The M10's Hybrid CMOS AF II autofocus system is decent. It has 49 autofocus points and offers a variety of AF modes, including multi, single and face detection. Single shot autofocus works pretty well and is fairly quick in a variety of situations. Low light autofocus leaves something to be desired, but it is otherwise dependable.

Continuous autofocus is another story, however, as it is rather sluggish. The M10 does not dependably track moving subjects, particularly quick ones, and is not well-equipped to capture sharp, in-focus action shots.

DIGIC 6 image processor may help image quality, but doesn't do much for performance

The Canon EOS M10 can capture JPEG images at up to 4.6 frames per second for over 80 frames with a buffer that can clear in a mere two seconds. The speed may not be great, but the buffer depth and clearing is. When shooting raw images, the situation degrades dramatically. The camera's shooting speeds top out at 4.2 fps, but worse yet is that the buffer depth drops to only six frames, which clears in a relatively quick three seconds.

35mm equivalent (Canon EF-M 11-22mm f/4-5.6 IS STM lens at 22mm), f/5.6, 1/80s, ISO 160.
This image has been modified. Click for original image.

Single-shot cycle times are about average and the buffer clearing time is good for both JPEG and raw image capture, but the raw buffer depth is a big negative for photographers who want to shoot continuous raw files. Paired with the continuous autofocus performance, the M10 is simply not an action camera.

Video performance is good, but video features are lacking

Like Canon's other mirrorless interchangeable lens cameras, the M10 doesn't record 4K video. Full HD (1,920 x 1,080-pixel) video can be recorded up at up to 30 frames per second, which is odd considering that Full HD video at 60fps is fairly standard these days. Nonetheless, video quality is quite good. Autofocus and metering performance is okay, but AF is far from fast. It is nice to be able to use the touchscreen display to quietly move the AF point around the frame.

Is the Canon EOS M10 more than a stripped down M3?

24mm equivalent (Canon EF-M 15-45mm f/3.5-6.3 IS STM lens at 15mm), f/3.5, 1/250s, ISO 800
This image has been modified. Click for original image.

The Canon EOS M10 is a good option for beginning photographers looking for their first interchangeable lens camera. Its mirrorless design allows it to be quite compact while also utilizing relatively small lenses. The camera's straightforward, simple design may be a negative for some photographers, but we think that it should be considered a plus for beginners who might otherwise be overwhelmed by some of the options on the market. Given the M10's excellent use of its touchscreen display, we consider it a very user-friendly camera.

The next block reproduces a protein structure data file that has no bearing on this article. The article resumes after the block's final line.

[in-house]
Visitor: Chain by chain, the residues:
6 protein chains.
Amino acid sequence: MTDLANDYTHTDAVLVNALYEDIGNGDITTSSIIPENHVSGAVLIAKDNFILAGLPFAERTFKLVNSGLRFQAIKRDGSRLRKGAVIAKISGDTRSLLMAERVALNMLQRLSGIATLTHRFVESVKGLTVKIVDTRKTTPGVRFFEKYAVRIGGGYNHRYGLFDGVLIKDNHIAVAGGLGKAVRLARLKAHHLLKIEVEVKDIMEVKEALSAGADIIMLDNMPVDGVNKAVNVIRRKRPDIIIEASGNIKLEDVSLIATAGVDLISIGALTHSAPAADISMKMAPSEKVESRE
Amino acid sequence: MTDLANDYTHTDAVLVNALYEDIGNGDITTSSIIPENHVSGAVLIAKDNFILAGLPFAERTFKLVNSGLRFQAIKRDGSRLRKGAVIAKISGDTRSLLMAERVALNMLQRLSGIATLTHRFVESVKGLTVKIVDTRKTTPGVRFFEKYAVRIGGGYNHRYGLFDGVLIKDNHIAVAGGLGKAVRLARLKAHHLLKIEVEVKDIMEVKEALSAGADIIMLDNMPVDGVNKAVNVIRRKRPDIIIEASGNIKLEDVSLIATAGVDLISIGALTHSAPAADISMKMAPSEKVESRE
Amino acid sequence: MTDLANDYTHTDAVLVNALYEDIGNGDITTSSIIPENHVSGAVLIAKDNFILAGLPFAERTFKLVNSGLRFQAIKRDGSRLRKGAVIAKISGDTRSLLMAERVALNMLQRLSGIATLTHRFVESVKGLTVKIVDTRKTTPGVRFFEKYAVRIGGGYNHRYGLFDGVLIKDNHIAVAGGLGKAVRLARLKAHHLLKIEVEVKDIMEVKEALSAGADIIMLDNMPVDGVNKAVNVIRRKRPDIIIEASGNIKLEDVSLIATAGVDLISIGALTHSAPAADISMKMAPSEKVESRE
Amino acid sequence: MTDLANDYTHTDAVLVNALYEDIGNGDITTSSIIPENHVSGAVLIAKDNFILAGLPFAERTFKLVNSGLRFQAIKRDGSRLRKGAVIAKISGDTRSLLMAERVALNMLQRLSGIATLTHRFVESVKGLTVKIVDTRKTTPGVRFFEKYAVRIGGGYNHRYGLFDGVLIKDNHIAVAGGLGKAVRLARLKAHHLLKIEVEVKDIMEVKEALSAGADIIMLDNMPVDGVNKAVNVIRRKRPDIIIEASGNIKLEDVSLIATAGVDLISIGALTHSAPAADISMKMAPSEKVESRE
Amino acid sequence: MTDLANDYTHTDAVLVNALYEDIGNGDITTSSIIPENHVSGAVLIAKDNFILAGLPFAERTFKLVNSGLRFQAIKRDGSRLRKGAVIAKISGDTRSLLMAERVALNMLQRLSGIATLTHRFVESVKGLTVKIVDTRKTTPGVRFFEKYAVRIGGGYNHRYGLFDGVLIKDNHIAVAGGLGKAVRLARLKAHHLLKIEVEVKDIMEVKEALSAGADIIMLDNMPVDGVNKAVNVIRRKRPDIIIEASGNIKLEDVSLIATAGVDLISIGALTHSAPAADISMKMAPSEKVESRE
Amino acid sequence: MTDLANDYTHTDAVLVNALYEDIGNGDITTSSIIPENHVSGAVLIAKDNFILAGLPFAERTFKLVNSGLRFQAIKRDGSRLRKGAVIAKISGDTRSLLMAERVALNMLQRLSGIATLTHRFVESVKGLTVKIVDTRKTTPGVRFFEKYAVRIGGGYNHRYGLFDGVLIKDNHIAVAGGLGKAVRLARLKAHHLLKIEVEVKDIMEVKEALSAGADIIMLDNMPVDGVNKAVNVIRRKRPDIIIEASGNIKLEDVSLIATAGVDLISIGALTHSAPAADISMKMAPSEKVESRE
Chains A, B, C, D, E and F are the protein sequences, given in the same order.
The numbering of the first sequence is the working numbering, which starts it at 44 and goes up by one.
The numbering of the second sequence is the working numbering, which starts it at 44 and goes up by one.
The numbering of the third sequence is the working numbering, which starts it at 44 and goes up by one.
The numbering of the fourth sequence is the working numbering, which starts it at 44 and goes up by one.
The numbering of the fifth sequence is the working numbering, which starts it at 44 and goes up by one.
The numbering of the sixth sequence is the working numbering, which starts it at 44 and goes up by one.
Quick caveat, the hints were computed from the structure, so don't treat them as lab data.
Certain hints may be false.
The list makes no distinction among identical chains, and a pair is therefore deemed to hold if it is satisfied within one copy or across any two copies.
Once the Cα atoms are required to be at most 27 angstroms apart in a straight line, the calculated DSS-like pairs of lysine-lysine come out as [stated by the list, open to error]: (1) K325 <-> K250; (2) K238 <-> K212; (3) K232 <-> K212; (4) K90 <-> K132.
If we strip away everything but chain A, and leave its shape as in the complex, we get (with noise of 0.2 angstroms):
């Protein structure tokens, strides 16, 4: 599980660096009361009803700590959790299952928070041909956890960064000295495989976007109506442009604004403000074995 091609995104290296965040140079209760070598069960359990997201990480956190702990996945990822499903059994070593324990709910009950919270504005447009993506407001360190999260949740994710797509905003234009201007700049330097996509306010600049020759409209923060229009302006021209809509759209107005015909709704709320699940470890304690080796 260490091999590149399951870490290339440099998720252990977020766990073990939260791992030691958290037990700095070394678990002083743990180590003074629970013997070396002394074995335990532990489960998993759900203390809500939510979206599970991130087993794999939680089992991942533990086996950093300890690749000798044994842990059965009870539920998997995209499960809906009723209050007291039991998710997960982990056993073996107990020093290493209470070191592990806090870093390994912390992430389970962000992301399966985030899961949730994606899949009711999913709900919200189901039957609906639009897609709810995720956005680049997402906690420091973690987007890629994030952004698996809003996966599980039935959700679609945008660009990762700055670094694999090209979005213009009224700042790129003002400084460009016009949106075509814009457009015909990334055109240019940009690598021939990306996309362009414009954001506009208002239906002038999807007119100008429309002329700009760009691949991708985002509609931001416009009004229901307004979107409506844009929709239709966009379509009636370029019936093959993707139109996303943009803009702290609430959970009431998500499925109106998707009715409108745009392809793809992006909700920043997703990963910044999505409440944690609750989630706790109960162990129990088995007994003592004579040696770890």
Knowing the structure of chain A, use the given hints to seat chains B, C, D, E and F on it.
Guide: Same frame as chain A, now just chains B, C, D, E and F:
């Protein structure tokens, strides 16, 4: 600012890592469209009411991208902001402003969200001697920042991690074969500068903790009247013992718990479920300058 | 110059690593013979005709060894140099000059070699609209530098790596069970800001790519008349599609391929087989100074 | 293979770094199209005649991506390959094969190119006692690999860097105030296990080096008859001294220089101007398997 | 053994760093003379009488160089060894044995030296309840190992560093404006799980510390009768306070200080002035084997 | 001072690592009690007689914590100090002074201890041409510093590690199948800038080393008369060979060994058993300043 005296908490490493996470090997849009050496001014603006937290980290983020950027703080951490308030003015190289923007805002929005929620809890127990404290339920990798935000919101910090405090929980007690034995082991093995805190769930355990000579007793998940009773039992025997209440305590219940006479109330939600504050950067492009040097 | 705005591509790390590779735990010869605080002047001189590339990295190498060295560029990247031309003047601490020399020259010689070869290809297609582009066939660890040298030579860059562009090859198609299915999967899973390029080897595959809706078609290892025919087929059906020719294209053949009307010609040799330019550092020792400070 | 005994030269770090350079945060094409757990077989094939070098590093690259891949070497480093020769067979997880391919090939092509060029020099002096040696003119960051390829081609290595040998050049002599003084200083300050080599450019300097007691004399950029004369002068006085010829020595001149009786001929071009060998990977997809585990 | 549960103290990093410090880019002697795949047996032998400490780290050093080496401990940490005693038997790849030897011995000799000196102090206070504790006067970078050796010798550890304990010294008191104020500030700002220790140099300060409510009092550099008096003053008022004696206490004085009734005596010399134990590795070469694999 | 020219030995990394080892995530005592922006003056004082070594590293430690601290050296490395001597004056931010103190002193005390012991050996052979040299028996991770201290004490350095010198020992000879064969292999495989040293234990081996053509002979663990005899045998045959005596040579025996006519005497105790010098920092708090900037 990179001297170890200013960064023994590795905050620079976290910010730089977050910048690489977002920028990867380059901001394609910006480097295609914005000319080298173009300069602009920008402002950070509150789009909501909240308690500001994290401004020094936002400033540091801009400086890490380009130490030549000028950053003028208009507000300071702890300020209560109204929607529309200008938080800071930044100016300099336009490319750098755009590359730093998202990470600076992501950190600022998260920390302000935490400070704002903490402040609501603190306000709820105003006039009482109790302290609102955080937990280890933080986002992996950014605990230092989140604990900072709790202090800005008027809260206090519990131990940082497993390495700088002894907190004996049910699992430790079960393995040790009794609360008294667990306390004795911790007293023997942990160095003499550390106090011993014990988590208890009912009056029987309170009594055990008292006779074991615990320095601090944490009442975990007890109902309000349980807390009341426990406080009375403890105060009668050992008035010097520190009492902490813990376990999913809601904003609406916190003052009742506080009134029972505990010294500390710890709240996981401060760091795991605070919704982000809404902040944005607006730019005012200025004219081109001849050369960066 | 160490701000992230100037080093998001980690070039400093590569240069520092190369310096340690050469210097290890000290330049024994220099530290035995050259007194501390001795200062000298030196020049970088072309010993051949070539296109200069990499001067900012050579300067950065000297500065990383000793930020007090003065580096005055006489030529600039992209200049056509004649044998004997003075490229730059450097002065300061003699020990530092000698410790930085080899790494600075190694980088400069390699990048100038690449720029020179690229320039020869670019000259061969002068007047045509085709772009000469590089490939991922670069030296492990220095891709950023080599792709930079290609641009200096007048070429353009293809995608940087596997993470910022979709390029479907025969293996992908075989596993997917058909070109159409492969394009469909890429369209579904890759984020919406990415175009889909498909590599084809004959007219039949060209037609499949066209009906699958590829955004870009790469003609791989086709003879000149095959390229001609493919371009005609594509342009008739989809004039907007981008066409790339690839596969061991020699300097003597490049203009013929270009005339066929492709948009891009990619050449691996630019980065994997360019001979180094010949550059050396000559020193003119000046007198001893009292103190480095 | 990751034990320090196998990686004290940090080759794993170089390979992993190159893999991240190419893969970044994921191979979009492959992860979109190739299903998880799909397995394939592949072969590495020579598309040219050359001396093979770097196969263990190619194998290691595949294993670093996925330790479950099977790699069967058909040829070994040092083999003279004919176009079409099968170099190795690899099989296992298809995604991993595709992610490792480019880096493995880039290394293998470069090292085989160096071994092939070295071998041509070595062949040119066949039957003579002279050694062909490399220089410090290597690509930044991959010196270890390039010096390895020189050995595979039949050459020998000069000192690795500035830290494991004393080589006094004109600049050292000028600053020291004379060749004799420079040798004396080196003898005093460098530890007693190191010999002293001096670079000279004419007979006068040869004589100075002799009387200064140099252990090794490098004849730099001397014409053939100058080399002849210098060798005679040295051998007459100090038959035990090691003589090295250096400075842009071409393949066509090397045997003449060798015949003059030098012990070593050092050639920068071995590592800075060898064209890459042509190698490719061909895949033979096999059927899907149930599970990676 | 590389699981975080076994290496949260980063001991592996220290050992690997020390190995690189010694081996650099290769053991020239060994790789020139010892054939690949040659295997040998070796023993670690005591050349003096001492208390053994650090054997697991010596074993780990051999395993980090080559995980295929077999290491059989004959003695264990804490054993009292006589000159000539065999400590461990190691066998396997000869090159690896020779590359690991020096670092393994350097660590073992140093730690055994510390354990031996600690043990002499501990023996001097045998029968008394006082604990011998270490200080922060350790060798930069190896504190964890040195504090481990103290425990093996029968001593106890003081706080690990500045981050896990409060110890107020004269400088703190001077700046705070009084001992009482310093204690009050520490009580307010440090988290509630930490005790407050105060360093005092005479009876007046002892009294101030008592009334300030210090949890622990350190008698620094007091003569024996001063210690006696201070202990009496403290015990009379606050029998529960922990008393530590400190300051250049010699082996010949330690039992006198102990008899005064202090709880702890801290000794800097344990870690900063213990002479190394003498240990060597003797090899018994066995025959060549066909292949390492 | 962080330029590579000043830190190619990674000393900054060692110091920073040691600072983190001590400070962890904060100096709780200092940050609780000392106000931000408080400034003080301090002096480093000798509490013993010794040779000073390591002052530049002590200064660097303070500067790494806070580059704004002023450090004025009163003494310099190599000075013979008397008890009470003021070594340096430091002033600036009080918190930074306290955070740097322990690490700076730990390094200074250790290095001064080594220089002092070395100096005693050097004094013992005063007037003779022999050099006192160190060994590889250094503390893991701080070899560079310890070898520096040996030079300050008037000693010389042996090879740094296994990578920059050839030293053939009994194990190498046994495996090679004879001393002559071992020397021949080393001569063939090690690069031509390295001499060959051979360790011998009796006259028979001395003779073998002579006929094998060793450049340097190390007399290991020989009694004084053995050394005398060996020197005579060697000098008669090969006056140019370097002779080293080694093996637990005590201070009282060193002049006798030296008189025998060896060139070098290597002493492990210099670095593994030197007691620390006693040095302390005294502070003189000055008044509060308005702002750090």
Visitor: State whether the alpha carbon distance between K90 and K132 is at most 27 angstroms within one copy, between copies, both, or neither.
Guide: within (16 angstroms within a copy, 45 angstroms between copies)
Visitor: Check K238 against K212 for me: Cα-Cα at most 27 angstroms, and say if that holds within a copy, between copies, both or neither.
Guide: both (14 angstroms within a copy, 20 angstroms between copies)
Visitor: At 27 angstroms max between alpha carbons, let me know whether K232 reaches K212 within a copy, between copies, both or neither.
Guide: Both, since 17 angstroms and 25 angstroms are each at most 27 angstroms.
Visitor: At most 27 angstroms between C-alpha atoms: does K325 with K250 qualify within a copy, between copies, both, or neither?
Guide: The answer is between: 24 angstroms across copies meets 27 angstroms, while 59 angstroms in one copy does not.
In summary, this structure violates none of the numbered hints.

Its user-friendliness and reasonably low price point do come at a cost, though. The M10 lacks the physical controls and autofocus capabilities to perform well as an action camera, especially given its poor raw buffer depth. Video features are lacking as well. But overall, the Canon EOS M10 is a good value and a viable option for beginners.

Pros & Cons

Image Quality

  • Good image quality
  • Excellent hue accuracy
  • Solid high ISO performance
  • 18-megapixel sensor is getting long-in-the-tooth with less dynamic range and lower high ISO performance than most current competitors
  • Very poor Auto white balance under tungsten lighting


  • Good JPEG buffer depth
  • Fast buffer clearing

  • Slow startup and mode switching
  • Sluggish AF speeds
  • Mediocre continuous autofocus performance
  • Mediocre burst speeds
  • Shallow buffers when shooting raw files (but that's typical for the class)


  • Shoots Full HD video
  • Fairly good video quality
  • Includes an external mic jack
  • No priority-mode exposure control
  • Autofocus is a bit on the slow side
  • No high framerate video option
  • No 4K video capture
  • Nowhere on the camera itself to mount an external mic

User Experience

  • Streamlined, comfortable camera body
  • Excellent touchscreen menus
  • Durable touchscreen tilting mechanism
  • Highlight Tone Priority and Auto Lighting Optimizer features help with high-contrast scenes
  • Built-in Wi-Fi with NFC
  • Tilting 3-inch touchscreen
  • Compact
  • Affordable

  • No viewfinder or option for an external one
  • Reliance on touchscreen makes it bad for cold-weather use
  • Below average battery life


  • New kit lens is compact and goes wider than most (24-72mm equivalent)
  • Kit lens' optical performance is only fair
  • Limited native lens selection (but can work with non EF-M Canon lenses with an adapter)


  • Includes a built-in flash
  • Weak built-in flash with very narrow coverage
  • No flash hotshoe